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CALL FOR PAPERS
Money, Power and Prose: Interdisciplinary Studies of the Financial
Revolution in the British Isles, 1688-1756
Armagh, Northern Ireland
8-10 June 2006
This colloquium will gather scholars from the disciplines of history,
literature, economics, politics, sociology and law to study the
intersections between public finance, politics and literature during
Britain's so-called Financial Revolution.
Papers should address contemporary public responses to one or more of
the following aspects of the Financial Revolution:
* Banking (Public or Private)
* Joint-Stock Companies
* Stock Markets
* Public Debt
* Paper Money
Papers should explore how these financial innovations affected politics
and literature or vice versa. For the purposes of this colloquium, the
term literature is broadly defined to include newspapers, pamphlets,
treatises, novels, plays, and prints. Authors must write for a
non-specialist audience, striving to make insights from their own
discipline readily accessible to scholars from other disciplinary
traditions. Graduate students and emerging scholars are particularly
encouraged to contribute.
Papers addressing any of the following questions would be particularly
welcome (though authors should feel free to suggest other questions of
the same general kind):
* How did perceptions of public and private debt affect schemes for a
Bank of Ireland and do these perceptions sufficiently account for the
failure of those schemes?
* Why were so few of the new financial institutions and practices
emerging in England adopted in Ireland? Did public perceptions of the
problems with England's new system of public debt have any role to play
* Did the rise of the Bank of Scotland and the associated financial
consequences have a noticeable impact on the country's politics and
* How seriously should we take contemporary literature complaining of
stock jobbing and various other forms of financial corruption in the
London stock market?
* Did the South Sea Bubble and public reaction to it significantly alter
the course of British discourse about public finance and politics?
* For whom was projecting literature written and to what purpose?
* Did literary, periodical, theatrical, or visual works have any
significant effect on British politics and public finance?
* Is there any substance to the claim of Swift and other contemporary
pamphleteers that the political influence of government financiers grew
significantly during this period, at the expense of the landed interest?
* Did the emergence of a long-term public debt alter the day-to-day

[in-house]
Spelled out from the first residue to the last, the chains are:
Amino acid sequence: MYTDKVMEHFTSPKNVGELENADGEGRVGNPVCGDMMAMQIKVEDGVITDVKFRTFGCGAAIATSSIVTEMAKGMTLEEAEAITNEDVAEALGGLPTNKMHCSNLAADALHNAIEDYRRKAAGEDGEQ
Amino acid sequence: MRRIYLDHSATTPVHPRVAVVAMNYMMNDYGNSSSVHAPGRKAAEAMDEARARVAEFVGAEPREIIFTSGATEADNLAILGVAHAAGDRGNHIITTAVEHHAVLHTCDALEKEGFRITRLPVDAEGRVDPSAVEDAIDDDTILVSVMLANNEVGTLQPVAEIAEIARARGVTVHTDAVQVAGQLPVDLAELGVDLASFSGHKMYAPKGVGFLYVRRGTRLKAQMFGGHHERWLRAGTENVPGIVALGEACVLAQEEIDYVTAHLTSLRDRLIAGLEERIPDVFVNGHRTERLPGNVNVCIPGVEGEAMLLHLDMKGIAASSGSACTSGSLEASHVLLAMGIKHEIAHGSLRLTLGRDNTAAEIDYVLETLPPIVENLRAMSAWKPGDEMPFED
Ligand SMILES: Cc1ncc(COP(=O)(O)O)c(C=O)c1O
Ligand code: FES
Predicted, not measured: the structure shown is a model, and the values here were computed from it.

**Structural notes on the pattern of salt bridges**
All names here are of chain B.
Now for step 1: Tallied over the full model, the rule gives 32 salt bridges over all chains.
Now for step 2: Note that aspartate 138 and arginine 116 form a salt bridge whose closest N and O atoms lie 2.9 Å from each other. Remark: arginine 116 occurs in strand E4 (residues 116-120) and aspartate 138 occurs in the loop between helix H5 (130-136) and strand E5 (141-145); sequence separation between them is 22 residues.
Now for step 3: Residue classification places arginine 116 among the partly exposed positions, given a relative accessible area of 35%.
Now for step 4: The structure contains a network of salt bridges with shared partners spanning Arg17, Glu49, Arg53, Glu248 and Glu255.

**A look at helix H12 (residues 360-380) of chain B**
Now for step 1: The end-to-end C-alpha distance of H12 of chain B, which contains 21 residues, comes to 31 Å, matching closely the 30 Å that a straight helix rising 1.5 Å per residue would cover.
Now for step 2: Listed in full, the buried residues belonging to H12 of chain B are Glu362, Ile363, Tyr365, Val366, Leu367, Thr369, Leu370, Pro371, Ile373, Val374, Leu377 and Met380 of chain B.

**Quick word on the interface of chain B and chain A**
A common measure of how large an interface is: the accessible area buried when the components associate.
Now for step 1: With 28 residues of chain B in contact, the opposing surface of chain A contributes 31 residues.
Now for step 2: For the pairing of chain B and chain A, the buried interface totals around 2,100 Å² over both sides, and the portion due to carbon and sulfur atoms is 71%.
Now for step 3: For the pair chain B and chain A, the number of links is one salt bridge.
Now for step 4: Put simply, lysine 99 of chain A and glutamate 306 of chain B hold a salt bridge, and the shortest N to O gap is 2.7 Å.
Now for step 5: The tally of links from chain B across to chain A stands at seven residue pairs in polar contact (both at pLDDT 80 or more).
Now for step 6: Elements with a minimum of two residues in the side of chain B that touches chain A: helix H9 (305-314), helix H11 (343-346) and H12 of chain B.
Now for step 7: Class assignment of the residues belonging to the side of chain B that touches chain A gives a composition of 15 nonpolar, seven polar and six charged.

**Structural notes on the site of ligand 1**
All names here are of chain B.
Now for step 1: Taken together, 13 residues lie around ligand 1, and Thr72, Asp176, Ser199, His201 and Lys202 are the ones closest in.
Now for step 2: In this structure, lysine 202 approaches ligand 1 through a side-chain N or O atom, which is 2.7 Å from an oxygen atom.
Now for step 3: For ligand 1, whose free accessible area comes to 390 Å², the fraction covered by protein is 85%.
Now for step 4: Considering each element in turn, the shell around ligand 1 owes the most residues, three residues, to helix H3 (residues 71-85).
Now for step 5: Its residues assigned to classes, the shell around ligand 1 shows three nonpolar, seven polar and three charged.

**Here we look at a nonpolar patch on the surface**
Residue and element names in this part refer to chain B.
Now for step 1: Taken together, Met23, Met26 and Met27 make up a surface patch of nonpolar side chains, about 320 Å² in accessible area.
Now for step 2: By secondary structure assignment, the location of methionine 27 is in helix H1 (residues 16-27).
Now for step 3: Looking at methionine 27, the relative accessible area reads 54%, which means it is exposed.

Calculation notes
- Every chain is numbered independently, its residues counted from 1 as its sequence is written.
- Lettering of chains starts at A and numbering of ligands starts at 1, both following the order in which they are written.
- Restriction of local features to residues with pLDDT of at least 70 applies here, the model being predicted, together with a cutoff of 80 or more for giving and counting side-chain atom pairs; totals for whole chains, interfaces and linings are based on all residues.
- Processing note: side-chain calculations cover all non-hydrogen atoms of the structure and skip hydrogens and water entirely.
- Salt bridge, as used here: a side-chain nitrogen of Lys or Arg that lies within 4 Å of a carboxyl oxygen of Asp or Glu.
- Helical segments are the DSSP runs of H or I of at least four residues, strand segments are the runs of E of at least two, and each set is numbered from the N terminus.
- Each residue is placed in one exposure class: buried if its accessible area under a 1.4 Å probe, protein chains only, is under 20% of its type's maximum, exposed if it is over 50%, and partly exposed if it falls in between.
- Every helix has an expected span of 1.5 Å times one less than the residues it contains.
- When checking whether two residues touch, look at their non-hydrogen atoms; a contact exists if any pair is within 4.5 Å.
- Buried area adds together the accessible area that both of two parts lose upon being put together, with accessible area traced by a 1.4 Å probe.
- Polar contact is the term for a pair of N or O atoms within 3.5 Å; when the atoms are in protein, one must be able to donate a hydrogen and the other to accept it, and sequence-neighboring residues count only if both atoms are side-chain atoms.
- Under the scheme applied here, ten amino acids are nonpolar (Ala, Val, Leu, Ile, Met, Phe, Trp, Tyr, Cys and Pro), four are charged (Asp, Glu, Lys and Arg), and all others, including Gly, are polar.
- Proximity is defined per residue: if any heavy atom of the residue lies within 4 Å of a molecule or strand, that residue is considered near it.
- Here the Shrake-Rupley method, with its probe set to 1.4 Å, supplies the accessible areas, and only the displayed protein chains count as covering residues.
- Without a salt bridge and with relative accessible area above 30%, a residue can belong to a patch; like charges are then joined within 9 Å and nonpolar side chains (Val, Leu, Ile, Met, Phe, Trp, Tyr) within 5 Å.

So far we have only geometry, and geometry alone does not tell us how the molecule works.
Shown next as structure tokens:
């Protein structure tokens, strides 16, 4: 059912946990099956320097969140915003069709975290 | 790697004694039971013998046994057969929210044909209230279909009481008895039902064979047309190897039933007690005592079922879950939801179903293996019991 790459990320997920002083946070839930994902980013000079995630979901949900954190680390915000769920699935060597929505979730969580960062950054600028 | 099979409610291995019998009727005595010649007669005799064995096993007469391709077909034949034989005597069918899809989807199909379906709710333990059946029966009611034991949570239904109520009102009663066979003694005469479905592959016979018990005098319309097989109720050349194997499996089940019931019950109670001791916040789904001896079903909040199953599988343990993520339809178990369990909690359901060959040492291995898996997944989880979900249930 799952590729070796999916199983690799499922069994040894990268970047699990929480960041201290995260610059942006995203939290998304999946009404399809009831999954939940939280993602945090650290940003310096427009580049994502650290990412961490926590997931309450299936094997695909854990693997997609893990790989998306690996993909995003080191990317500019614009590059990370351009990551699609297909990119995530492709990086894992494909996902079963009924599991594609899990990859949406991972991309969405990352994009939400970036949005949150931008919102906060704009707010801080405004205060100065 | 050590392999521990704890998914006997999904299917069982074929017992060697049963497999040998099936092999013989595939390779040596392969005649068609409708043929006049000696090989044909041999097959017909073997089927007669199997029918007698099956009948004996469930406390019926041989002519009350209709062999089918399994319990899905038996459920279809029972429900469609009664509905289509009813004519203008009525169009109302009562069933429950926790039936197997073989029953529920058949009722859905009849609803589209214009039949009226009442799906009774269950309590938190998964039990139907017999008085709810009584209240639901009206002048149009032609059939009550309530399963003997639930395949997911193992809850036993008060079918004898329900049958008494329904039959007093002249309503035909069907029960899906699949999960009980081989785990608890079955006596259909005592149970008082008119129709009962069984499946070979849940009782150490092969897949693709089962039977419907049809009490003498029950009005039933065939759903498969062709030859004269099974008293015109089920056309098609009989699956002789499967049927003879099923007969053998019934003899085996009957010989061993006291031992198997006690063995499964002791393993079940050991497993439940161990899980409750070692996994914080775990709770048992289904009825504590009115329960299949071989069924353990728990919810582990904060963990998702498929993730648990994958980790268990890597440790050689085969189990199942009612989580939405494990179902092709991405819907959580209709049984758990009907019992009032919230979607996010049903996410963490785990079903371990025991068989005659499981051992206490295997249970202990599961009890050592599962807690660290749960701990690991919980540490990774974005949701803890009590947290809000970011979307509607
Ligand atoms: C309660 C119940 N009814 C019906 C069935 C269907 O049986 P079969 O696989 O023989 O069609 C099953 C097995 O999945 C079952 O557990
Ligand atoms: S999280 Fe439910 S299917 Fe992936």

workings of British politics in any significant, verifiable way? And
were any changes correctly understood at the time?
* How effectively did the British government capture the savings made
possible by the growing use of paper money?
* In what context did Hume write his essay "Of Public Debt" and how
influential was it with contemporaries?
* What was the impact of the War of the Austrian Succession (1740-48)
upon England's public debt and how well was this influence understood in
contemporary pamphlet literature?
* How did the revolution in Britain's public finances alter its plans
for the colonies and how was this change of plans presented to the public?
Proposals should be submitted to Chris Fauske
(christopher.fauske_at_salemstate.edu), Rick Kleer
(richard.kleer_at_uregina.ca) or Ivar McGrath (charles.mcgrath_at_ucd.ie).
Proposals of 250 words are due 15 December 2005. The program will be
announced in February 2006. Accepted papers will be due on 1 May 2006
and will be circulated among colloquium participants in advance.
The colloquium is an initiative of Money, Power and Prose, a loose
association of scholars interested in an interdisciplinary approach to
the Financial Revolution. The association hosted a similar colloquium
at Regina, Saskatchewan in summer 2004. A selection of the papers
presented there should be available in book form later this year. The
goal is likewise to publish a selection of the papers presented at the
For further details on the colloquium and on Money, Power and Prose
please visit http://www.econ.uregina.ca/mpp/coll2006.
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or write Jennifer Higginbotham: higginbj_at_english.upenn.edu
Received on Wed Apr 06 2005 - 20:10:40 EDT